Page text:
Global Disease Detection (GDD)

vaccines IndiaWith the Global Health Security Agenda as a central focus, the India GDD Regional Center works to build capacity within local and regional public health entities to rapidly detect, accurately identify, and promptly contain emerging infectious disease threats. GDD projects include strengthening surveillance networks and public health laboratory systems, providing technical assistance to improve outbreak response, and bridging the human-animal interface to detect emerging zoonotic disease threats.

India Epidemic Intelligence Service (EIS)

In 2012, the India GDD Regional Center and India’s National Centre for Disease Control established the India Epidemic Intelligence Service Programme (IEIS) – a post graduate field training program modeled after the US EIS. CDC supports the India EIS through technical assistance and a resident advisor. The majority of EIS graduates return to positions in district, state and national level programs where they lead surveillance and outbreak response efforts.


CDC’s Influenza Division has supported capacity-building for influenza surveillance in India since 2004, leading to improved characterization of circulating influenza viruses and rapid detection of novel viruses. CDC-supported laboratory training and preparedness workshops have strengthened India’s response measures against seasonal, avian, and pandemic influenza. CDC also collaborates with Indian partner organizations to research the influenza burden in India, evaluate the effectiveness of influenza vaccines, and identify optimal timing for influenza vaccination, all of which help inform national influenza vaccination policy. CDC also has an assigned influenza staff at the WHO regional office.

Noncommunicable Diseases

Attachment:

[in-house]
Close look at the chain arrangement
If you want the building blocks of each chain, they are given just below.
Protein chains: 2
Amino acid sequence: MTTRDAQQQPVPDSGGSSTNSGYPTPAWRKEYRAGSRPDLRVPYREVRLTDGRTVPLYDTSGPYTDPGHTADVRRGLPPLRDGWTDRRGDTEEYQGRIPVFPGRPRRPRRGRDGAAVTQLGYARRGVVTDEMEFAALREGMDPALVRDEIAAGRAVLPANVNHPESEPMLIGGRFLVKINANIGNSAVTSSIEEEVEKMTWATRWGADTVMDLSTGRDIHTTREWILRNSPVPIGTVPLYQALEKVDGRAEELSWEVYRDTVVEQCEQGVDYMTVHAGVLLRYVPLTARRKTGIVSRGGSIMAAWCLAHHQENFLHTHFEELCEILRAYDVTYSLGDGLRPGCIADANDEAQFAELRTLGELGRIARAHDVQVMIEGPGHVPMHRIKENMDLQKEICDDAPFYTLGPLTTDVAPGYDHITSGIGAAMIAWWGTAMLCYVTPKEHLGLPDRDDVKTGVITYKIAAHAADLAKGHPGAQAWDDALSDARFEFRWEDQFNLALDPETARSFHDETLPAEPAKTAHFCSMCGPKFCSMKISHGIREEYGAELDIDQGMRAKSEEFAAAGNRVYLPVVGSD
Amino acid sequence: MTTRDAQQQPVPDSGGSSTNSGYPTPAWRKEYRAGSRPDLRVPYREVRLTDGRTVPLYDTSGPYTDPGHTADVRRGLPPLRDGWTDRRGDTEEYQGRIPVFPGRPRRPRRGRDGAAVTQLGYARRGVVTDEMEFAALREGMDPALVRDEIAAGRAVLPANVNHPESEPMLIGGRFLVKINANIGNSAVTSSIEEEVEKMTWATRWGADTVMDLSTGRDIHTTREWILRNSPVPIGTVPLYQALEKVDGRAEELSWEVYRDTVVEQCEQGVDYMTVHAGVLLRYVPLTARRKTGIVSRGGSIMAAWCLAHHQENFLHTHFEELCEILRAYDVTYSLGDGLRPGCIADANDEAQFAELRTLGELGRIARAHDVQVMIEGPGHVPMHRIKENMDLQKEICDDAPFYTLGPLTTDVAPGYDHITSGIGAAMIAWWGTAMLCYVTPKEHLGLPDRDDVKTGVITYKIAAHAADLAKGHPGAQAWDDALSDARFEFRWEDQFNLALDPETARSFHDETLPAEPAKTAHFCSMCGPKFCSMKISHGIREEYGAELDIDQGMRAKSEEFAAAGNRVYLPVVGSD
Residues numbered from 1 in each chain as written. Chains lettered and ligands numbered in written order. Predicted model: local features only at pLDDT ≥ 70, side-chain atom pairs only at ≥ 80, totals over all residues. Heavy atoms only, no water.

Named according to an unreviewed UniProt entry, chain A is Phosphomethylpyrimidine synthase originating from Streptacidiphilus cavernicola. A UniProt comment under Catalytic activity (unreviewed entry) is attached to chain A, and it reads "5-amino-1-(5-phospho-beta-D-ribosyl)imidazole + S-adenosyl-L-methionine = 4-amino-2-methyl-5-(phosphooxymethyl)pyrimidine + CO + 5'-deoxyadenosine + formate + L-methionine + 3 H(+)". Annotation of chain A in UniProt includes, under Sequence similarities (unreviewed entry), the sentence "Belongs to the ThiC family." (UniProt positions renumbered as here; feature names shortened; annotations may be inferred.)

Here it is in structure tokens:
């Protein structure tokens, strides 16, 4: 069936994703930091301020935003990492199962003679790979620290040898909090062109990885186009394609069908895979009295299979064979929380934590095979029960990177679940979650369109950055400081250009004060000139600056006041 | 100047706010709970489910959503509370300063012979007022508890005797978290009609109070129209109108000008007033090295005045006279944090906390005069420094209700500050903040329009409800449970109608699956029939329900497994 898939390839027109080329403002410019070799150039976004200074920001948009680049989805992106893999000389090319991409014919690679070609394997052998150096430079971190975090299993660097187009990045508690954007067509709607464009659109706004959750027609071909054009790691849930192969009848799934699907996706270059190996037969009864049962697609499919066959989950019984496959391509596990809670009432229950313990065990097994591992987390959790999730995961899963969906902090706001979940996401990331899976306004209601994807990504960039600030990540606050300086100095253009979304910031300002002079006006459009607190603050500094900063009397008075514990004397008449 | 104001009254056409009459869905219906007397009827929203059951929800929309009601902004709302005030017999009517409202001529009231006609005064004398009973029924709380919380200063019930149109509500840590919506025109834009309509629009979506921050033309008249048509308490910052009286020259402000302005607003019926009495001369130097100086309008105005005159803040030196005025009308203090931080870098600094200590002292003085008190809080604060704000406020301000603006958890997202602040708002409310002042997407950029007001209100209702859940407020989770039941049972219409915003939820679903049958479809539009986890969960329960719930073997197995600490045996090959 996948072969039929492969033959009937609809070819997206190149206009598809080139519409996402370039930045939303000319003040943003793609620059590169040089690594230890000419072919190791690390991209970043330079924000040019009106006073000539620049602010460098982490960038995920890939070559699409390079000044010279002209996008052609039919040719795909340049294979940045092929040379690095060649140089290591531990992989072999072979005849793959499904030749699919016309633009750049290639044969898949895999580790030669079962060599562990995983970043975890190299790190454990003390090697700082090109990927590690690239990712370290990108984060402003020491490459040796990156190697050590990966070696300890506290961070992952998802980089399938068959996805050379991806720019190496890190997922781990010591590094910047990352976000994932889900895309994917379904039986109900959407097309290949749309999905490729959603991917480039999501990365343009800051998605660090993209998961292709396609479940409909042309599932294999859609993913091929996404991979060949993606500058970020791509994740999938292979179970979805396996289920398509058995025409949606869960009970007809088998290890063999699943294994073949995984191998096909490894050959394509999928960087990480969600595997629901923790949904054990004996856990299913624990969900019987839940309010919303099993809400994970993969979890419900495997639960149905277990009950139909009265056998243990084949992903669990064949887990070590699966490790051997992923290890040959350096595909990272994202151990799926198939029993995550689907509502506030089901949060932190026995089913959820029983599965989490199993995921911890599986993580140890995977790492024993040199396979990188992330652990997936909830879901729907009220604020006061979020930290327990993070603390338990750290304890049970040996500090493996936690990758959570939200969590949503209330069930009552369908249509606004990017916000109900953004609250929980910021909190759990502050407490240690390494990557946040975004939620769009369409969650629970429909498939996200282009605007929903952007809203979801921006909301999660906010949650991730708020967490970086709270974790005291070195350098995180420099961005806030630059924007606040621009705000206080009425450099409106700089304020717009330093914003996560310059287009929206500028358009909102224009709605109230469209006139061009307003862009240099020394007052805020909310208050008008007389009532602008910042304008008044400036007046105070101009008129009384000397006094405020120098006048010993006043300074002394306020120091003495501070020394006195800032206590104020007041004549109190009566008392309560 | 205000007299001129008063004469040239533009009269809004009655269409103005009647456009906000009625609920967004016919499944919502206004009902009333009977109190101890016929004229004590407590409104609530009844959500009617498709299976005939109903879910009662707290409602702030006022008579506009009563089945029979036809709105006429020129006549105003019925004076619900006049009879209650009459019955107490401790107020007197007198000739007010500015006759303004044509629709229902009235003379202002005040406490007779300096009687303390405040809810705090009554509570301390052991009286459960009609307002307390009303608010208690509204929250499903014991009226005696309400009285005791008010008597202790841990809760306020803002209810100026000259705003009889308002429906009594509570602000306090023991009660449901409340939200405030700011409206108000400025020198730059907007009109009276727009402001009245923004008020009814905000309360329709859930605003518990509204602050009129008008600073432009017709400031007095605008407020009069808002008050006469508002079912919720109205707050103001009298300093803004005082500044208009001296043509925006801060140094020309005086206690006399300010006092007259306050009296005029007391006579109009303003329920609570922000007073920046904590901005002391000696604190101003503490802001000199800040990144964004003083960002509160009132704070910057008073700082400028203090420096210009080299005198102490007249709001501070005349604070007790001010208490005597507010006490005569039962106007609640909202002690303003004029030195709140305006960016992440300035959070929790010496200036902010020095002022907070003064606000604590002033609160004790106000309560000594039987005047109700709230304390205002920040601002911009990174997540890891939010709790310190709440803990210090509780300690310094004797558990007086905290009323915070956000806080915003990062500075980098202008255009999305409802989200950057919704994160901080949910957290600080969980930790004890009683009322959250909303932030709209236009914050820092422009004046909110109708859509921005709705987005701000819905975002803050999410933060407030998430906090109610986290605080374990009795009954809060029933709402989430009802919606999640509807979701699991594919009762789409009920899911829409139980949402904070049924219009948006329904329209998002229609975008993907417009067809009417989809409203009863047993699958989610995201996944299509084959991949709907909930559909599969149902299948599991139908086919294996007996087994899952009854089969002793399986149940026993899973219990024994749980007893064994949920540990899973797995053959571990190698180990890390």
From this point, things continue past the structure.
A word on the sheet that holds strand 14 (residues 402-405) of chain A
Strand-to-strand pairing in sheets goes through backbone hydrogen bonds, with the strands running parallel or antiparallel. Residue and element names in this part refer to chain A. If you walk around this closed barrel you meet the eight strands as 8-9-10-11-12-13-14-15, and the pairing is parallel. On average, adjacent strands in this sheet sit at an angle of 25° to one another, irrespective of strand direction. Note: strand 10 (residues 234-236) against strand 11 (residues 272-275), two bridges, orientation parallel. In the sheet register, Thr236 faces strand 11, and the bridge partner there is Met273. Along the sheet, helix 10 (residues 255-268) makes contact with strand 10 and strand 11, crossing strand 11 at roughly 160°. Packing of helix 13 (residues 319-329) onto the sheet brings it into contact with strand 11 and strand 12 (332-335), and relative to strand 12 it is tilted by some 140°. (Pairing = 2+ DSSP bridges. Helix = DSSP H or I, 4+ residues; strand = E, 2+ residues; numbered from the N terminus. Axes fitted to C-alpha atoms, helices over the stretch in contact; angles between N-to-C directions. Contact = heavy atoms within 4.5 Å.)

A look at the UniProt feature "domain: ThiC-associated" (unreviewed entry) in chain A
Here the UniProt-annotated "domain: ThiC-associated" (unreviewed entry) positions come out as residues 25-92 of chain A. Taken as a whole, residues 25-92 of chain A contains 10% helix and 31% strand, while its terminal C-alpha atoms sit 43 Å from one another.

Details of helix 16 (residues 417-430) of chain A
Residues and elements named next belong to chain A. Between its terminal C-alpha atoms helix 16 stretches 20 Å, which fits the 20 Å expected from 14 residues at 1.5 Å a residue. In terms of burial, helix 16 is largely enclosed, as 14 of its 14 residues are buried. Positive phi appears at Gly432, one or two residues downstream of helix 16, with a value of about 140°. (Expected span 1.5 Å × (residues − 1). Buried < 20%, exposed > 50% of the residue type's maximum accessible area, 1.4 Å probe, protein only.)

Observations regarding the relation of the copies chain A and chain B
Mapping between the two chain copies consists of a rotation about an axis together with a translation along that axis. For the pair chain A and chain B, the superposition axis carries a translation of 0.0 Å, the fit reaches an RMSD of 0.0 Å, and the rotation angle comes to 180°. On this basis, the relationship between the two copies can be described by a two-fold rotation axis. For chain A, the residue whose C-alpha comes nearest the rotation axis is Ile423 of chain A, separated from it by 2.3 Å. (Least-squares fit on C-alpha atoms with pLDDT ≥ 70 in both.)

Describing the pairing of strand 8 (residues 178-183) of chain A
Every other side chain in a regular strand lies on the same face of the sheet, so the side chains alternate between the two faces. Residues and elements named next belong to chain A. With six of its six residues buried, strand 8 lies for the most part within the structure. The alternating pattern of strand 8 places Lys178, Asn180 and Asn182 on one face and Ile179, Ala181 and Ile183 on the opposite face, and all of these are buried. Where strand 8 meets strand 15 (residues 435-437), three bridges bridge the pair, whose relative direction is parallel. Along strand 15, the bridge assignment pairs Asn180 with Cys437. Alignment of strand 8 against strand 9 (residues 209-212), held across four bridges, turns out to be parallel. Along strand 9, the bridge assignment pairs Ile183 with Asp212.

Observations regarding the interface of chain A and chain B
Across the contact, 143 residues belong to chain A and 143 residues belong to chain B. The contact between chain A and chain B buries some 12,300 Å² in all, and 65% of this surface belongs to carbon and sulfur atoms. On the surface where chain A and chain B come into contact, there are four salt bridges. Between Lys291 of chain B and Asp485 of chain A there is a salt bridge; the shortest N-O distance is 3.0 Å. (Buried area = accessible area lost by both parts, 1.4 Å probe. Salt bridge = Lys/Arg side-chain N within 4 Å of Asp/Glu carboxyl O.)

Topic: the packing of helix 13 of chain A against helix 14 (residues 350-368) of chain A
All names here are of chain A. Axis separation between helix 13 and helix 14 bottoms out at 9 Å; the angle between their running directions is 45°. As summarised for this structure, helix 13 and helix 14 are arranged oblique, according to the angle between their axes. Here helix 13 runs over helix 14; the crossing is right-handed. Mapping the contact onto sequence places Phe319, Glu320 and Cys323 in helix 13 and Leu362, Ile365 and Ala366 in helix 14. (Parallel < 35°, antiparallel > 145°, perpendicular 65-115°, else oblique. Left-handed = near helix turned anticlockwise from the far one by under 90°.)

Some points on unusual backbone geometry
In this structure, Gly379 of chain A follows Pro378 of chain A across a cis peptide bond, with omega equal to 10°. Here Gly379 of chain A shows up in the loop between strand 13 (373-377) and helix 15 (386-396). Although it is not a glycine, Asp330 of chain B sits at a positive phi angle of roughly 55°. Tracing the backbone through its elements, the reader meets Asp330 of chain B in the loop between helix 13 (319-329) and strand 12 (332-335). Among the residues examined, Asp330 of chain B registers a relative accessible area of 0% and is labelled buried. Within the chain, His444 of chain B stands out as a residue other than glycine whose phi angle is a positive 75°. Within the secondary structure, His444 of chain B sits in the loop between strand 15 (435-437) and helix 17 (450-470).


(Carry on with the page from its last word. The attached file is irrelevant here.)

Waterborne disease IndiaCDC provides expertise and consultation on a number of critical non-communicable disease issues in India, including chemical and radiological contaminants, emergency preparedness, burn surveillance, and household air pollution. CDC also provides expertise and support to help India consistently implement the four surveys of the Global Tobacco Surveillance System, managed by CDC and WHO.

Global Health Security Agenda

CDC is working with India to improve their ability to prevent, detect and respond to infectious disease threats.  This work helps meet the U.S. commitment to assist at least 31 countries in reaching the targets outlined in the Global Health Security Agenda. CDC’s extensive global health presence and experience are critical to achieving these targets.

Resources and Links


CDC works 24/7 to protect the American people from disease, including those that begin overseas. CDC has dedicated and caring experts in over 50 countries. They detect and control outbreaks at their source, saving lives and reducing healthcare costs. In India, CDC is helping to develop a strong public health system.

  • Page last reviewed: May 20, 2016
  • Page last updated: May 20, 2016
  • Content source: Global Health